There is lots to think about -- not just in the results of the study, but in the methodology. The CLA looks to me to be the best of the tests out there (it is the only one that uses essay answers, instead of multiple choice or T/F.) But is it good enough to be used in this way -- to tell how colleges and universities are doing on their core mission?

At the council's recommendation, PCC did not adopt the version of the CLA created for community colleges. We thought meaningful assessment -- useful for program improvement -- needed to be closer to the people who matter, the instructors. But if the CLA continues to be widely adopted, and used in ways like this study, there may come a time when we will have to use it. Either it will be mandated (!!) or its use will be so standard that it would hurt us to opt out. Either way, the CLA and its uses is an important piece of the assessment story in colleges and universities.

chair, faculty Learning Assessment Council 2010-11

Tuesday, January 11, 2011

Assessment and Blind Dates

Jeff Pettit’s Fear

The fear of assessment feels like the fear of a blind date. It seems like some person I don’t know will sit down, take a brief glimpse of who they think I am and then criticize me for something I do or something I say or something I don't do or something I don't say, or just out-right fails to see how great I am, despite my flaws.

Currently, for the most part, assessment is like the morning look in the mirror: working alone, fixing what can be fixed, briefly regretting the imperfections, … self-critiquing before heading out the door. I agree with Phil Seder's post from Nov 2 that this kind of self-critique is largely how most individual teachers improve, and the only improvement most teachers have time for. I don't agree with him that assessment should be abandoned to the status quo of teachers-as-islands and Peter Seaman's post from Nov 8 is a clear outline that there is a better way.

Assessment is not brief; it is recursive. Assessment is not a glimpse, but a continually improving probe into any area to which it is applied. It is not done by someone I don't know; here at PCC it is done by you and by me.

Assessment is also several separate things. It is Instructors assessing students to maximize their learning; I’m not going to talk about that much. It is also assessing Instructors to maximize their instruction; this is the look in the mirror. I’m going to talk about that a little. Most importantly, at least at this point in time for PCC overall, it is assessing courses, programs and everything departmental in the learning process. This is what I want to talk about, because this is what we fear.

We at PCC are in a unique position and I am relieved and glad for it. We have been told to assess PCC (courses, programs, departments, etc.) effectively, so we must. This is a new atmosphere from decades past, and some are saying, “No I won’t, because I’m afraid when you look at courses, you might take a peek at me and find fault in me and fire me.” This resistance to assessment is tilting at windmills, which are turning by the winds of change. But when viewed without fear, assessment is not a mandate to change, but an opportunity to improve. And by improve, I mean improve everything from curriculum, to textbook choice, to course outcomes, to instructor and student support. As other educational institutions drive improvement from the hierarchy above, or from private assessment companies, or in the case of No Child Left Behind, from the government, we at PCC get to trust the job of assessment to ourselves.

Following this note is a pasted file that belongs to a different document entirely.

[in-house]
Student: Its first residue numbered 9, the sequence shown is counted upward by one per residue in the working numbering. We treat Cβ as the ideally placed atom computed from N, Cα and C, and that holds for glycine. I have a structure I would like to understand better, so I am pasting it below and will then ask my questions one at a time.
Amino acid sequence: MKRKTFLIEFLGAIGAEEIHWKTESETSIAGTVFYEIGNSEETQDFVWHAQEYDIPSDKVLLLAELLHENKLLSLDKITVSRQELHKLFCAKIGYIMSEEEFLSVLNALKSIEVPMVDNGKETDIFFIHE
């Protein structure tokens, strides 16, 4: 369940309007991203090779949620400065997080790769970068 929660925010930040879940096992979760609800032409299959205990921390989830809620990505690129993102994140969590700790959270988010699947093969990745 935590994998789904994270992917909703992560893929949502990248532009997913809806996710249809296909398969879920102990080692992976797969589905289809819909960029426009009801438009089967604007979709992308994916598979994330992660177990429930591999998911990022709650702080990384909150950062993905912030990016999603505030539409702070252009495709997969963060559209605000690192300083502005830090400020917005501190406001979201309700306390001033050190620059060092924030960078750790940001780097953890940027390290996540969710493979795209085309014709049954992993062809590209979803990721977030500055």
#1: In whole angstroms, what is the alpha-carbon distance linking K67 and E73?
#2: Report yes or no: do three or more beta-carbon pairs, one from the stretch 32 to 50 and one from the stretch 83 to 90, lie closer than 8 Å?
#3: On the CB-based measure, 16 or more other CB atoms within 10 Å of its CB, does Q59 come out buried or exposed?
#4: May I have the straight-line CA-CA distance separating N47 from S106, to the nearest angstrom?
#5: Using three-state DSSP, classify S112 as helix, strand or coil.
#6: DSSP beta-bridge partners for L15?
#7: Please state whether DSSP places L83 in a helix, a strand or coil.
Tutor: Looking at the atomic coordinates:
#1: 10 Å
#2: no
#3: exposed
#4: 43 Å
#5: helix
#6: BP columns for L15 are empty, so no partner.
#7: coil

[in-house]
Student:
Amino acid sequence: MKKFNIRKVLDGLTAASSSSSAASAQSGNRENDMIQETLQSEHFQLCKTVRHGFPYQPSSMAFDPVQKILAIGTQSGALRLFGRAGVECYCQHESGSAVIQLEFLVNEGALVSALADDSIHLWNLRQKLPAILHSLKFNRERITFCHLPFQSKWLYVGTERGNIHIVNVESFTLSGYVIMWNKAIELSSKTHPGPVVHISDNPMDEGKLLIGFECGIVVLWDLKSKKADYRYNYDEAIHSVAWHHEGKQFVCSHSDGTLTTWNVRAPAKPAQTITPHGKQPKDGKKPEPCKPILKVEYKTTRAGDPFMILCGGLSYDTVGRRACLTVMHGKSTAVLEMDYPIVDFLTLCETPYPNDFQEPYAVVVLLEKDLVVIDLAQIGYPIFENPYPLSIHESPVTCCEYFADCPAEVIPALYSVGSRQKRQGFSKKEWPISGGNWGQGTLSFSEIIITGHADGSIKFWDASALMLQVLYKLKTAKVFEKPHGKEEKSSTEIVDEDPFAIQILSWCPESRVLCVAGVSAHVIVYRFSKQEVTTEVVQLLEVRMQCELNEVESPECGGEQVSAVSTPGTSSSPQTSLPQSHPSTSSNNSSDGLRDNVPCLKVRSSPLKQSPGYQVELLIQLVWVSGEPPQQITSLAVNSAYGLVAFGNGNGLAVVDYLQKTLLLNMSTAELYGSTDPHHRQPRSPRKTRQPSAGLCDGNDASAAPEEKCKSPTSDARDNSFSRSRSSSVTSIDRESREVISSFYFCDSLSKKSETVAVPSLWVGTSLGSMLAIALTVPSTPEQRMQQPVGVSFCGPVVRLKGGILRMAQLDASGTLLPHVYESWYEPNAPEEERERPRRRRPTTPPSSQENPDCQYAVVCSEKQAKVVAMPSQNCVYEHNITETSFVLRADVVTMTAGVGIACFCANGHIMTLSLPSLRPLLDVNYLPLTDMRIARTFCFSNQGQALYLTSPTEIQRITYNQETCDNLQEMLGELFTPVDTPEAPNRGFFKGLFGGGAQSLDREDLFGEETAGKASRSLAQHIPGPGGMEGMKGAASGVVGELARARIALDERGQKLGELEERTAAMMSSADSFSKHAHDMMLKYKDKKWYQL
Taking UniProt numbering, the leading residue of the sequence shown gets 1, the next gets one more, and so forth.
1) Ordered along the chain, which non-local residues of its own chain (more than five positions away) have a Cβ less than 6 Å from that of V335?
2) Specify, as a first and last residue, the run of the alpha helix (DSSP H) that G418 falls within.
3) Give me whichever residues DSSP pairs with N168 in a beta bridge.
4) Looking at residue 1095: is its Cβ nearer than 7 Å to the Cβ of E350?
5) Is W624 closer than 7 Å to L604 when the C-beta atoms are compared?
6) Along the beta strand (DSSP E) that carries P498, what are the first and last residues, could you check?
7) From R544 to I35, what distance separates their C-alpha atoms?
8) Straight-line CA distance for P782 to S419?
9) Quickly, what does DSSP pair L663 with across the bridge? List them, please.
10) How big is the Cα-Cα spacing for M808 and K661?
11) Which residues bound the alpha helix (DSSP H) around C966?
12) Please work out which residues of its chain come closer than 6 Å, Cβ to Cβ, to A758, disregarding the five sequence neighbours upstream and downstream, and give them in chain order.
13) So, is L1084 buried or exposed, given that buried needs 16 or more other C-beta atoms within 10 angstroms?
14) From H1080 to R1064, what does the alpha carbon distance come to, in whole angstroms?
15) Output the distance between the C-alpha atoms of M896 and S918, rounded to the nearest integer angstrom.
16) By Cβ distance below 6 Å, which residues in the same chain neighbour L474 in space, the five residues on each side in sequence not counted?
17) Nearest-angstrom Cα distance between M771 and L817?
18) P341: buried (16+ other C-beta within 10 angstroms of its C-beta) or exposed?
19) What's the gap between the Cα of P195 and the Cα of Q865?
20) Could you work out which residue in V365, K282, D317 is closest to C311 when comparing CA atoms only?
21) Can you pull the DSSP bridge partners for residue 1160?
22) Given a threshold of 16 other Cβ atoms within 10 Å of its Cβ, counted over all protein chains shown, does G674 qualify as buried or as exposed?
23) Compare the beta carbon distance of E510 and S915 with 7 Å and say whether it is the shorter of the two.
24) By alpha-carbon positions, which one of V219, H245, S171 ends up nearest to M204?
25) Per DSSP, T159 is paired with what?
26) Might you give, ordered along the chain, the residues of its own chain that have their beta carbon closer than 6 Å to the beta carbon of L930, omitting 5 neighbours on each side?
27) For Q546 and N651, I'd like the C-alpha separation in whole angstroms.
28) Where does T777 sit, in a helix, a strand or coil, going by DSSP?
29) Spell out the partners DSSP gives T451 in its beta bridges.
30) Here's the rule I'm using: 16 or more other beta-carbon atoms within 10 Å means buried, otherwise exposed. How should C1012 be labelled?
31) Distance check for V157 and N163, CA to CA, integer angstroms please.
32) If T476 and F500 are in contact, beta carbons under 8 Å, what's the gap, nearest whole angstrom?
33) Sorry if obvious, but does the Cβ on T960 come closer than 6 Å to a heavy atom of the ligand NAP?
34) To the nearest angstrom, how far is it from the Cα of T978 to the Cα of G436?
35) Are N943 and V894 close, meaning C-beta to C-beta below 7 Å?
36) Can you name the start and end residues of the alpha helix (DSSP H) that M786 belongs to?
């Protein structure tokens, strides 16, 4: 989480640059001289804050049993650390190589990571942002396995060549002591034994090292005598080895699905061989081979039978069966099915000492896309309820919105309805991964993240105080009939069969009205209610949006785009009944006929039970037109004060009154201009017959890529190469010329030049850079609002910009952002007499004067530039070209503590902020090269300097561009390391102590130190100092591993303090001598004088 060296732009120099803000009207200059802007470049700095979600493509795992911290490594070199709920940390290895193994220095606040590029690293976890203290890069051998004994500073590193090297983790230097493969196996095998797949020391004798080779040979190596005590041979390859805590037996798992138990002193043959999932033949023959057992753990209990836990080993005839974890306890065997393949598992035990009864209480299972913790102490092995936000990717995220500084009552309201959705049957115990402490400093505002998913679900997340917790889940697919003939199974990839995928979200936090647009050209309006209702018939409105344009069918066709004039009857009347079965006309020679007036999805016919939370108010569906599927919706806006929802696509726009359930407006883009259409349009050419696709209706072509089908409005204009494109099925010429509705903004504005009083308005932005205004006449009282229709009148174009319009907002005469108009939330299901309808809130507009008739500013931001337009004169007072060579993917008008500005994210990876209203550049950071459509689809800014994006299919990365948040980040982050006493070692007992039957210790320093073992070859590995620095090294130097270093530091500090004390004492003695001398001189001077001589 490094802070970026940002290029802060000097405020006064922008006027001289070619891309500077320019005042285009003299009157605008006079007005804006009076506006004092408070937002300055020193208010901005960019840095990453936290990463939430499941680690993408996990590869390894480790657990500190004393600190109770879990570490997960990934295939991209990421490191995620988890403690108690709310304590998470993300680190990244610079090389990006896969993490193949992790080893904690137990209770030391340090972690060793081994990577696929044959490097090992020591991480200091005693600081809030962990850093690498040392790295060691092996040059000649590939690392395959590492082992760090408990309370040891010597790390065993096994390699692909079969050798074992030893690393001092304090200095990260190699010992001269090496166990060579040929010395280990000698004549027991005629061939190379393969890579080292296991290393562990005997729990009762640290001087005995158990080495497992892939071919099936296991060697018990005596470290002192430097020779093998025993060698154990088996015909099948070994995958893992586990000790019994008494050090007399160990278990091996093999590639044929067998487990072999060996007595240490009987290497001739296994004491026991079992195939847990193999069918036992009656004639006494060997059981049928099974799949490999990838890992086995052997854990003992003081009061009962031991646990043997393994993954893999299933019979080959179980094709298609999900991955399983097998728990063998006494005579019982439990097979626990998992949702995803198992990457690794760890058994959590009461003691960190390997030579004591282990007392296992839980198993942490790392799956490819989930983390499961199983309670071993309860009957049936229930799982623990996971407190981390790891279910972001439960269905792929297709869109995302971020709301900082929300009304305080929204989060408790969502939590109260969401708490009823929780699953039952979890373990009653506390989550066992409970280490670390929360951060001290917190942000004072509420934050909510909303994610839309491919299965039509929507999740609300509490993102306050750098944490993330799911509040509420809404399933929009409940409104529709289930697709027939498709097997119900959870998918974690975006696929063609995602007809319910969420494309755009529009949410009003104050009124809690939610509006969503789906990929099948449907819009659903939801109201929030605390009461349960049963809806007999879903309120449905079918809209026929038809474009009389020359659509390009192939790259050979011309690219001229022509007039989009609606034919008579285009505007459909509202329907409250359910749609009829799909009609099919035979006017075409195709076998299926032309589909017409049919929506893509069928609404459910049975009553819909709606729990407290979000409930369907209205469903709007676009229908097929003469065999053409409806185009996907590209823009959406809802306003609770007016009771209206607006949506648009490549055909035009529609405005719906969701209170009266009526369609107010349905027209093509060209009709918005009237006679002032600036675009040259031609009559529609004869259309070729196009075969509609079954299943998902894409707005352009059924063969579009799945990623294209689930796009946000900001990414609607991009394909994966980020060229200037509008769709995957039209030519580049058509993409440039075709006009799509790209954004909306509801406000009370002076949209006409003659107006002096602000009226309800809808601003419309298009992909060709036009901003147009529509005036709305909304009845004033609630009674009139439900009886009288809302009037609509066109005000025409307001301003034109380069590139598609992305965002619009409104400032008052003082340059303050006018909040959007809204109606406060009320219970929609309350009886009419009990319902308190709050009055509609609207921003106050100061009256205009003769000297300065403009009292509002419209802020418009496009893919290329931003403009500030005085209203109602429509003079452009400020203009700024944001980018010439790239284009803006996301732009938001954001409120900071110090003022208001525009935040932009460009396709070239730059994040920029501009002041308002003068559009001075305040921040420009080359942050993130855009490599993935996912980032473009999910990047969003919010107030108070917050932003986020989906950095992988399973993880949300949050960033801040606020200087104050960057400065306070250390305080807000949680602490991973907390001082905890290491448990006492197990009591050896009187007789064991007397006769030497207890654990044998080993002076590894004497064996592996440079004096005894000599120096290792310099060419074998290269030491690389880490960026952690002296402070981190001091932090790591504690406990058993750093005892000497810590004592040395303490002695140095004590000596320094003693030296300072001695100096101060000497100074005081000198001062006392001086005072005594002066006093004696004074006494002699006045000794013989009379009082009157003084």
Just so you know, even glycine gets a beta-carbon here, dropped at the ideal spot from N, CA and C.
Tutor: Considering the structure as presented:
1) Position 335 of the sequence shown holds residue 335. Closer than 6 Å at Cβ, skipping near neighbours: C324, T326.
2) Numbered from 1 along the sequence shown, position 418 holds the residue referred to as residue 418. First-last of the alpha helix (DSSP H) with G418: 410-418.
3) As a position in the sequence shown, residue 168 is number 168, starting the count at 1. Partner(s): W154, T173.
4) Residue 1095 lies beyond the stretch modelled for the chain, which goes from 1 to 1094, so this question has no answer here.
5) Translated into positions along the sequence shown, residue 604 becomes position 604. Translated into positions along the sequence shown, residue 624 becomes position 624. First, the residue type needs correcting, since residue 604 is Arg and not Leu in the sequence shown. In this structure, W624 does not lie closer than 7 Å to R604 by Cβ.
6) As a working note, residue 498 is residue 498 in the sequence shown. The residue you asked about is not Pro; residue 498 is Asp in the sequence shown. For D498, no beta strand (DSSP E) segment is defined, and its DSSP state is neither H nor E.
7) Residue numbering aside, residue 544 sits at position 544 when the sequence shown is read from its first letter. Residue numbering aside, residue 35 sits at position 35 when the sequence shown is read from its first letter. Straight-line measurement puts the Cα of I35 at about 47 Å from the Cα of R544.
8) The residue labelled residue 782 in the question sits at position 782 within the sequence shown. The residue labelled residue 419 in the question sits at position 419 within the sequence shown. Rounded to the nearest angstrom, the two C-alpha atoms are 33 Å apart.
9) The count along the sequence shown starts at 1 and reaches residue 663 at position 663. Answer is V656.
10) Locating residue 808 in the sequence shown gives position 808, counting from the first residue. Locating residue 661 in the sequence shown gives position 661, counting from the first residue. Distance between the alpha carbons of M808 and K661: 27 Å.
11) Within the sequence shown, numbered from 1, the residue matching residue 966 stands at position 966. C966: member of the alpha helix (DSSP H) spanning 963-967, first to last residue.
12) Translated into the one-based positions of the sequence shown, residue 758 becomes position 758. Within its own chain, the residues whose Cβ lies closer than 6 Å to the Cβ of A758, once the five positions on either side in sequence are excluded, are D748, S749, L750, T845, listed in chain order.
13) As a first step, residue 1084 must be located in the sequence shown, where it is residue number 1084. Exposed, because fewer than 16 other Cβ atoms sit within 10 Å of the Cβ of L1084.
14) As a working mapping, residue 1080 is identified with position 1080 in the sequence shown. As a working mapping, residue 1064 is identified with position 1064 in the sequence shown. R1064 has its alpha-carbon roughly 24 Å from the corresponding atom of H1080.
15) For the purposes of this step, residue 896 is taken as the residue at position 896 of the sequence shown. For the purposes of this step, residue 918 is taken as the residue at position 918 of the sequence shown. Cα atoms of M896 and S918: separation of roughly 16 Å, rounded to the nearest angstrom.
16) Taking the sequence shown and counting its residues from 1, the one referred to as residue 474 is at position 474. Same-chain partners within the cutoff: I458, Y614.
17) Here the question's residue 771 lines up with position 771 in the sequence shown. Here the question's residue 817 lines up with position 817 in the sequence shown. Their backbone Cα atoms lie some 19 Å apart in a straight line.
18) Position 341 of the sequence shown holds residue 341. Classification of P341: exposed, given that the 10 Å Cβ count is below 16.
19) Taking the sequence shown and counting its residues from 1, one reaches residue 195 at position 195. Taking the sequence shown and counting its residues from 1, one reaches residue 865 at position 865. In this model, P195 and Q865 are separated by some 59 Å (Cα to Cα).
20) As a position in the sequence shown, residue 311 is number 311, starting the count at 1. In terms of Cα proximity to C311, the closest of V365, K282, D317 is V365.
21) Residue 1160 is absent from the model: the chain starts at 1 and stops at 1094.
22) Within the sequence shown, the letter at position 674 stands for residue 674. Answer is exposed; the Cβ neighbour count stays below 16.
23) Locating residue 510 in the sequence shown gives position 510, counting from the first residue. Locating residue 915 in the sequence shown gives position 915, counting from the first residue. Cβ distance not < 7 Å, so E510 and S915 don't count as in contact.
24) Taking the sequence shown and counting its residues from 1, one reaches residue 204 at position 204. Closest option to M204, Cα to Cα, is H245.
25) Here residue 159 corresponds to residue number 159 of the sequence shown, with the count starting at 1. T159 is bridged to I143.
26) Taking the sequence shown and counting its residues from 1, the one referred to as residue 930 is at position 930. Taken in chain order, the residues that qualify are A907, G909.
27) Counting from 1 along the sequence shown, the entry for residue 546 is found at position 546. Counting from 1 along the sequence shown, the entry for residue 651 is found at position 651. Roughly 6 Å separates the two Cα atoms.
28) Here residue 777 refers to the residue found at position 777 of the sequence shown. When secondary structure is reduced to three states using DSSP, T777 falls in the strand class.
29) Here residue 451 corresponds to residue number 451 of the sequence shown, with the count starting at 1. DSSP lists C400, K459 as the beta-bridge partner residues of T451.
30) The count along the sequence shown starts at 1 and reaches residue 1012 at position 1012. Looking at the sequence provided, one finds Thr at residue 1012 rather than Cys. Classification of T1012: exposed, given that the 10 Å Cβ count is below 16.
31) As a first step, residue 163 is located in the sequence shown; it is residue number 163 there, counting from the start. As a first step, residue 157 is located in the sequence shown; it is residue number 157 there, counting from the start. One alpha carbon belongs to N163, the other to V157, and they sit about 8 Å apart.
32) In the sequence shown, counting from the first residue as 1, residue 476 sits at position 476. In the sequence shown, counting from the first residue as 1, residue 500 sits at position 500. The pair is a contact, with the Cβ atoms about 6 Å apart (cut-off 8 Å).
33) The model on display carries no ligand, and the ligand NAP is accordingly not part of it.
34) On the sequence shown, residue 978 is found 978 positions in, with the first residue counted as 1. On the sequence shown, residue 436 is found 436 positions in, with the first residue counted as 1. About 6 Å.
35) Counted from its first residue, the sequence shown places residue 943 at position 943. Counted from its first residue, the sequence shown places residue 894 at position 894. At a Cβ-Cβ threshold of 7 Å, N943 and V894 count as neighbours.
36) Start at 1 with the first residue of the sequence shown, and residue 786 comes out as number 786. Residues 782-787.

If we are to assess, this is the least frightening scenario. But it is, for most people, frightening nonetheless. Of all the good people at PCC with whom I’ve discussed assessment, none of them seems afraid of assessing themselves, or assessing others, or assessing courses, or departments, or administrators. But nearly all hold some fear of others assessing them! This fear spills over into a fear of assessment overall. When we imagine others looking at us (or even near us) in order to make improvements it would be difficult not to be afraid. Accepting criticism from others (whether it reflects on our own short-comings or the short-comings of our department) requires trust, vulnerability and openness. So the real question is this: do you trust your colleagues? Should you trust them? If you trust them completely, there should be no fear. If you don’t trust them, the problem is either your difficulty in trusting people, or their difficulty in trustworthiness. Maybe both. If you have trouble trusting people, stop it. But if our colleagues are not trustworthy, what then? I don’t know. Perhaps faith.

Or perhaps we can remove them from the process. The strangers and the untrustworthy are not asking what we are doing in our classes. We are simply tasked with assessing and improving our overall method of improvement. We are not being asked to prove we are good at our jobs.

This leads me to my following vision for assessment: Empirical relevant data is regularly and anonymously gathered from all Instructors teaching a set of particular courses. Student performance is pooled and posted internally. Neither student names nor instructor names are recorded nor is data organized or connected by class. However, (and this is where I am talking about individual Instructors improving themselves) Instructors can privately compare their students’ data to the over-all data if they record it before submitting (perhaps the assessment is even used by most Instructors as part of the students’ class assessment). Instructors can use this information to improve individually. More importantly, on the department level, based on the overall data, improvements and support are offered to improve courses overall. But the key is data, accurate data. Data data data. And accurate data can only come when we are free of fear – when everyone participates, when no one tries to gloss over imperfections as if they are on a blind date, when we all work together to improve PCC. This scenario can work because currently all that is being asked for externally is a workable method (and continually improving method) of gathering data, not the data itself. No one other than I would need to see how well my students are doing; no one outside the department would need see how well the department is doing. Privacy, in fact, will increase the accuracy of the data, increase participation, and reduce (eliminate?) fear! As long as the method of generating accurate and meaningful data is continually improved, the machine is alive and evolving and limitless.